As I write this COP28, this year’s UN climate talks in Dubai, are looking likely to fail, for the first time since COP6 in 2000. Tuesday morning’s deadline has passed, an improved draft agreement is due and there will clearly be many more hours of discussion before the final gavel might come down.
While progress has been made in some areas, most noticeably the establishment of the loss and damage fund to help countries deal with irreversible changes brought about by climate change, the core issue of phasing out fossil fuels has proved as difficult as expected, with the phrase disappearing from the draft text on Monday.
In the final hours of COP26 in Glasgow two years ago an agreement was reached that there should be a ‘phase down’ of coal and fossil fuel subsidies. Very weak language but it was the first time in 26 UN climate talks that fossil fuels actually got mentioned in the final agreement.
As global temperatures continue to smash records there is a very urgent need to act together to reduce emissions, but expectations for COP28 were always low. The COP is being hosted by the United Arab Emirates, one of the world’s largest oil producers, and they chose as the leader of the process Sultan Al Jaber – also chair of the Abu Dhabi National Oil Company. His company plans to expand oil production by as much as 42% by the end of this decade.
In the run-up to the COP it was revealed that UAE negotiators had been briefed to pursue new oil deals during climate negotiations, targeting 15 specific countries. Al Jaber himself was quoted as saying there was no scientific evidence that phasing out fossil fuels was essential to keeping below the 1.5ºC temperature threshold, a sentiment immediately condemned by climate scientists. During the COP a leaked letters from oil cartel OPEC urged its members to resist any moves to phase out fossil fuels.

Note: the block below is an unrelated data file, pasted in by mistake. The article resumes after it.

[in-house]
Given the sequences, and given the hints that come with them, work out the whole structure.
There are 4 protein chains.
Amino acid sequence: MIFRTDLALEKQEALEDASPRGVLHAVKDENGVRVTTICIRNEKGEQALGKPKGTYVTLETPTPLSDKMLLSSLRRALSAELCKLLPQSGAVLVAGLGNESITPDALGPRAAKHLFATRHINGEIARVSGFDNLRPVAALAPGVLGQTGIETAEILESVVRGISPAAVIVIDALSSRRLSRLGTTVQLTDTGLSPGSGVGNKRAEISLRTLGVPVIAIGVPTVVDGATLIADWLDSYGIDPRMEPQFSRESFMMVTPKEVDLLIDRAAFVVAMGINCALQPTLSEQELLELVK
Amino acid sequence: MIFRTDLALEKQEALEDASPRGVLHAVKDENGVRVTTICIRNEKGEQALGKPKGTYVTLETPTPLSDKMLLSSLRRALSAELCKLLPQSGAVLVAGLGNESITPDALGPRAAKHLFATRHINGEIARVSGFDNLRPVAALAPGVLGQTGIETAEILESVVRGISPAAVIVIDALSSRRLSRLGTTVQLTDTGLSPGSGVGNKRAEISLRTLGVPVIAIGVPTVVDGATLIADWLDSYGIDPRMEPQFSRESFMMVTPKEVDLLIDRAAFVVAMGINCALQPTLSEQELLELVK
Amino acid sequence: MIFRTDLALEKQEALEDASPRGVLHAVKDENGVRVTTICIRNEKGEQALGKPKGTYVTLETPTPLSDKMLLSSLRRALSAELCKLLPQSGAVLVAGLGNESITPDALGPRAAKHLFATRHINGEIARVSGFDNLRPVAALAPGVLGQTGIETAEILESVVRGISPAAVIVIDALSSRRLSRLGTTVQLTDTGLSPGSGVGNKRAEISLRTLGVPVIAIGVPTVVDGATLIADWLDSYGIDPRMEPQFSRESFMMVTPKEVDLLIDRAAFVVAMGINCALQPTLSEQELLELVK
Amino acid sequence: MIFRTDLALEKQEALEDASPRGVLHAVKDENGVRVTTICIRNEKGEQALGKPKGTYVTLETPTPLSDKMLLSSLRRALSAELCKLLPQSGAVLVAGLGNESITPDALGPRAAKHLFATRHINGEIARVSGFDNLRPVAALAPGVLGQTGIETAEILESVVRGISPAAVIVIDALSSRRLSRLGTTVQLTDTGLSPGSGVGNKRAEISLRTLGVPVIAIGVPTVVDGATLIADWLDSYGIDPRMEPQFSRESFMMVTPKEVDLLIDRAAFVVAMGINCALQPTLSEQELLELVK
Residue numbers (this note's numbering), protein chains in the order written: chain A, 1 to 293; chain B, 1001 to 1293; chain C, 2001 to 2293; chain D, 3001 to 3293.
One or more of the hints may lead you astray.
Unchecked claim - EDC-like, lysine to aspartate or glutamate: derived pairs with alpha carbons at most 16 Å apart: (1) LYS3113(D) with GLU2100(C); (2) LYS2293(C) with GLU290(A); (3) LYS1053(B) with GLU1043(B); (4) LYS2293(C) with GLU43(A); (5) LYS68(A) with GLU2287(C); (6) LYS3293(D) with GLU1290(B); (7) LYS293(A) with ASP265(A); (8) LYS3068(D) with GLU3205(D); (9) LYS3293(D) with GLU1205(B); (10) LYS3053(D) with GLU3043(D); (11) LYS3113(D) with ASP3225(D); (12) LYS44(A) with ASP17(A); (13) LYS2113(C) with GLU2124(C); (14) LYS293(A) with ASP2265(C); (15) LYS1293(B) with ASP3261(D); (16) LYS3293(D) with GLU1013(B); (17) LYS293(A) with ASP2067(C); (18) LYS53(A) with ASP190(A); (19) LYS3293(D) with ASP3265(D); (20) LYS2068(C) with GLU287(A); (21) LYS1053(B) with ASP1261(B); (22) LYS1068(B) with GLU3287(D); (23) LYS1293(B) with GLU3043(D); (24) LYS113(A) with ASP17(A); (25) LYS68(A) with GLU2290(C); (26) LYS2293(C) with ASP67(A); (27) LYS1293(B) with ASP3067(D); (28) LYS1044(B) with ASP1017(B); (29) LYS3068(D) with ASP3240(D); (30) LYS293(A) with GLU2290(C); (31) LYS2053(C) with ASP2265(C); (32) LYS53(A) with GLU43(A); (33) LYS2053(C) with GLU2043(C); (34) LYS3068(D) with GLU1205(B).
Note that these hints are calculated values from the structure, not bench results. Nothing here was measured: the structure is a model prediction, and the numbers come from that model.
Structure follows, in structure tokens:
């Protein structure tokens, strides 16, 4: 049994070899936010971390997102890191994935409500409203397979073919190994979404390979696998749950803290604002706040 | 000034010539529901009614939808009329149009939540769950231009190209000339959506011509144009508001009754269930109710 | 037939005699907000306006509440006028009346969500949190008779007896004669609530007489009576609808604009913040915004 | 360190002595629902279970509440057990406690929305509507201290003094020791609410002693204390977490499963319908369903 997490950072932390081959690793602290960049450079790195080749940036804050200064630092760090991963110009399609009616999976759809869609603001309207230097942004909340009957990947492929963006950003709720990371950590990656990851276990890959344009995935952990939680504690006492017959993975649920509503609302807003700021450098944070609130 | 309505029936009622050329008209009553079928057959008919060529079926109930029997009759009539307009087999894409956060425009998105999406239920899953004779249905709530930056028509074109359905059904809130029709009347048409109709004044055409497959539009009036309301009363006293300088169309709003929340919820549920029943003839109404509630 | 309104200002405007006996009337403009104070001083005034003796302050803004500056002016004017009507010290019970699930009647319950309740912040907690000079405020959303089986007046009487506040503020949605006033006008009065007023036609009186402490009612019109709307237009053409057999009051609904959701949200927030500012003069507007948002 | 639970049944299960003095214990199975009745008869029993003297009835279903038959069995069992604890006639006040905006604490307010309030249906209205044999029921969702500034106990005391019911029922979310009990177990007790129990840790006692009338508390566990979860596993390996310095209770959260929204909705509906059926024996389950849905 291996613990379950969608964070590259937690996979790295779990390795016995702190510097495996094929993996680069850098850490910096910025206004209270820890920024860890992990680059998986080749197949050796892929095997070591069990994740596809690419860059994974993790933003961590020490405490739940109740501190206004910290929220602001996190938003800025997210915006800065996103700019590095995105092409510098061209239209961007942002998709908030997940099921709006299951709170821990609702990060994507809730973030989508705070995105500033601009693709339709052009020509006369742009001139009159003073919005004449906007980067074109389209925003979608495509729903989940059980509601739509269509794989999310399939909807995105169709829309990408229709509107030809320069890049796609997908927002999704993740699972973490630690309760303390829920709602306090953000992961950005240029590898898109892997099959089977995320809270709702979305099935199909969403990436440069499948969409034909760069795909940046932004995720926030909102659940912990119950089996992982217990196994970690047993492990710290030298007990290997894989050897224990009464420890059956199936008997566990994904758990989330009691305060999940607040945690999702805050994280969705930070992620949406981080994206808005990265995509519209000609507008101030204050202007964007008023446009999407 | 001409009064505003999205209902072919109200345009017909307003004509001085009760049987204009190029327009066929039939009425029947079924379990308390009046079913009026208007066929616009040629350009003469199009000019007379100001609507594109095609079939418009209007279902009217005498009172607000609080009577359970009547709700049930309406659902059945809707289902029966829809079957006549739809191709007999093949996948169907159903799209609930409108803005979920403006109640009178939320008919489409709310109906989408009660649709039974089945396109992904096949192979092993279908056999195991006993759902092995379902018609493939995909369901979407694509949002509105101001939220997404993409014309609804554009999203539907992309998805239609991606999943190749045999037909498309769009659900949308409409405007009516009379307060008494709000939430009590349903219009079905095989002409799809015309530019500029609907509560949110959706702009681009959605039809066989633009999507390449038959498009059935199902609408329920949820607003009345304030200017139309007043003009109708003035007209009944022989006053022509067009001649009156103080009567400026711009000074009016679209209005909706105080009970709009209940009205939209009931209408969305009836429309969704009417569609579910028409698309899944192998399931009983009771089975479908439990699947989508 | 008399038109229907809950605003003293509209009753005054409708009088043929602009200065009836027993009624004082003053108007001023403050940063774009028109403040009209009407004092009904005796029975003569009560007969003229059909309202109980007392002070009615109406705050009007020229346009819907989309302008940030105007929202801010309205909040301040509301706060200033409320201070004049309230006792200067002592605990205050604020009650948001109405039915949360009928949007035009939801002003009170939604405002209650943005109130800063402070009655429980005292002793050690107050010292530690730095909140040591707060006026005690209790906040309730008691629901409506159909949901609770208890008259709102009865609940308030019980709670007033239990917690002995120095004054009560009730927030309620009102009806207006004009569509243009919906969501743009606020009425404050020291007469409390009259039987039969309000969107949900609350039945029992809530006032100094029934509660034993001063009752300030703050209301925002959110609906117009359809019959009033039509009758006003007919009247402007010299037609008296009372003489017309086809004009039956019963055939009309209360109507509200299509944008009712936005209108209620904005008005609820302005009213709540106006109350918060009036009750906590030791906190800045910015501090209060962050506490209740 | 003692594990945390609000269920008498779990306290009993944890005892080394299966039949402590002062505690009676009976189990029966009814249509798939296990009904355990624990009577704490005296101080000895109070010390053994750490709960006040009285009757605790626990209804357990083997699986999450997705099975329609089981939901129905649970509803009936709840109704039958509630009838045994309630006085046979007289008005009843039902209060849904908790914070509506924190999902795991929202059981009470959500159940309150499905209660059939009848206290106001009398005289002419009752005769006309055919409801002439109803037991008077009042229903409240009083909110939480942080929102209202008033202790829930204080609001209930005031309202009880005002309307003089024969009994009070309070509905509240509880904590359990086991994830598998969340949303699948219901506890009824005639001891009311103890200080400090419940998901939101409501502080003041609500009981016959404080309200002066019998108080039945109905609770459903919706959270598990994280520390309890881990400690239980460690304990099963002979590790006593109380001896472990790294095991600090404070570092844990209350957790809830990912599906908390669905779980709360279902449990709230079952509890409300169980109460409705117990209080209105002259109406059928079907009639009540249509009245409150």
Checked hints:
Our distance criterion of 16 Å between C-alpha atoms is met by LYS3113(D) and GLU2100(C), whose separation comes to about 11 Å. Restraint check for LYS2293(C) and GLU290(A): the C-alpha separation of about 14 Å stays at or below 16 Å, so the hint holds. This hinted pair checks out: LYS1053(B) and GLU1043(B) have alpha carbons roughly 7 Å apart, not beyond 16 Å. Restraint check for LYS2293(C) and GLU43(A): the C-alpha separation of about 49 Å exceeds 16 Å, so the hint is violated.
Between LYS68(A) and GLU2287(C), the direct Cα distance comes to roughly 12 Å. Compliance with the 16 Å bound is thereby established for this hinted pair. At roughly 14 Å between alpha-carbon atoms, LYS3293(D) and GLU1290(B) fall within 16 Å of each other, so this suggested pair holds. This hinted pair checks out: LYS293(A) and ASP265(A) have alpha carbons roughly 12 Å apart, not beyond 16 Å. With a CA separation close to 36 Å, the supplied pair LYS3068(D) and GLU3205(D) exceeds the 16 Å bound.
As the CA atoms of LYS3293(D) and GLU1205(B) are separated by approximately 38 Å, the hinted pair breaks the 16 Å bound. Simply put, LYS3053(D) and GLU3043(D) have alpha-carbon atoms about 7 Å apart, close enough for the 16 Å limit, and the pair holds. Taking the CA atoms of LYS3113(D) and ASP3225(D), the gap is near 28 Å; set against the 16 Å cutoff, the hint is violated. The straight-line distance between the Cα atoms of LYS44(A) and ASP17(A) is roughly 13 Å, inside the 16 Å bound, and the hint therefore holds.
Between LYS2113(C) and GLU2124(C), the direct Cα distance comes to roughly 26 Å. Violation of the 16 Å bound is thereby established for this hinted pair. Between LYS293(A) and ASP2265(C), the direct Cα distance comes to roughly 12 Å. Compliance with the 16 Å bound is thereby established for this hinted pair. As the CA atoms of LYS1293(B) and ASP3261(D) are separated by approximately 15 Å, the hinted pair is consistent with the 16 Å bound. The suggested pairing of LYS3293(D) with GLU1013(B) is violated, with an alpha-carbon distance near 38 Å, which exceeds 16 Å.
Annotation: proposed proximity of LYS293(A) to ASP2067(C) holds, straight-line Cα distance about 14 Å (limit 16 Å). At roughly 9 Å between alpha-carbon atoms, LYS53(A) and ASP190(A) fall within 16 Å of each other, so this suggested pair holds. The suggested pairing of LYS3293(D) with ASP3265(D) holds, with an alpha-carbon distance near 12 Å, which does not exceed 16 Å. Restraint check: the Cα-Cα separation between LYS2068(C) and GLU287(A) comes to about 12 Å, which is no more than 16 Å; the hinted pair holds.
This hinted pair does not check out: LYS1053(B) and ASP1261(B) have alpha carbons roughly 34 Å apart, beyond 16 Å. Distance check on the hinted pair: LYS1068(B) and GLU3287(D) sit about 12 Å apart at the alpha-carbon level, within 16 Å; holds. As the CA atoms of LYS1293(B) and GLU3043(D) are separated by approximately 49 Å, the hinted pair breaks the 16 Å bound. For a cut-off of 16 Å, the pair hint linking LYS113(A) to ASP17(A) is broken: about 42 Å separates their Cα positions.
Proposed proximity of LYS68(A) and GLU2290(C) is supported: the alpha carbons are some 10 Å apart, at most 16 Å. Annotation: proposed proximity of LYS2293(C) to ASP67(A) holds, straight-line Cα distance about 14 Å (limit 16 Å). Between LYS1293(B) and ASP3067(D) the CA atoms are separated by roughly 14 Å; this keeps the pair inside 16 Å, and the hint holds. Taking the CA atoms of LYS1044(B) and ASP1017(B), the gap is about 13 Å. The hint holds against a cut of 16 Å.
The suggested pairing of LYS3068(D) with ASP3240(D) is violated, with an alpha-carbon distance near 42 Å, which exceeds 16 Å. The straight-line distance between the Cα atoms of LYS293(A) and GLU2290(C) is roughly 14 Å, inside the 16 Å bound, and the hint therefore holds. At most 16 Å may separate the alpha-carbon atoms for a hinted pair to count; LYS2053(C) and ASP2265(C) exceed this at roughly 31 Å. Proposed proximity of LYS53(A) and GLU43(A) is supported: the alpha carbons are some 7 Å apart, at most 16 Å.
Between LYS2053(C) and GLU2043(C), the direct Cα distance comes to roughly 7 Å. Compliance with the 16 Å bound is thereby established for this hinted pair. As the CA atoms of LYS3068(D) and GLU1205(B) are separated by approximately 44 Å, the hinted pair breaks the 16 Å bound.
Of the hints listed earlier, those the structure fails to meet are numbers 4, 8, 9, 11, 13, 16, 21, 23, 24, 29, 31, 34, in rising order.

Next year’s COP will be in Azerbaijan. Nearly half of their GDP comes from fossil fuels…
The oil industry has turned up to lobby in a big way. With a record 2,500 there were more fossil fuel lobbyists than delegates from any single country except the hosts UAE and Brazil, who are hoping to host COP30. As well as trying to keep any mention of phase outs out of the text, they are also telling delegates that they needn’t worry about those pesky carbon emissions because carbon capture and storage will take care of them all. The head of the International Energy Agency recently added his voice to those opposing this strategy, saying that planning to use carbon capture to cover business-as-usual emissions is a ‘fantasy.’
There are at least 100 countries arguing for a phase out of fossil fuels. The EU, Australia and the grouping of small island states have been leading the charge, also calling for global emissions to peak by 2025. Even the UK is saying some of the right things (despite its plans to open 100 new oilfields in the North Sea). Saudi Arabia and Iraq are the main visible blockers.
The world needs to urgently get off its fossil fuel addiction. While oil industry interests continue to skew the debate and oil producing countries hold power there is little chance of change.
A version of this article appeared in the Scotsman newspaper on 13th December 2023.
Image: Friends of the Earth International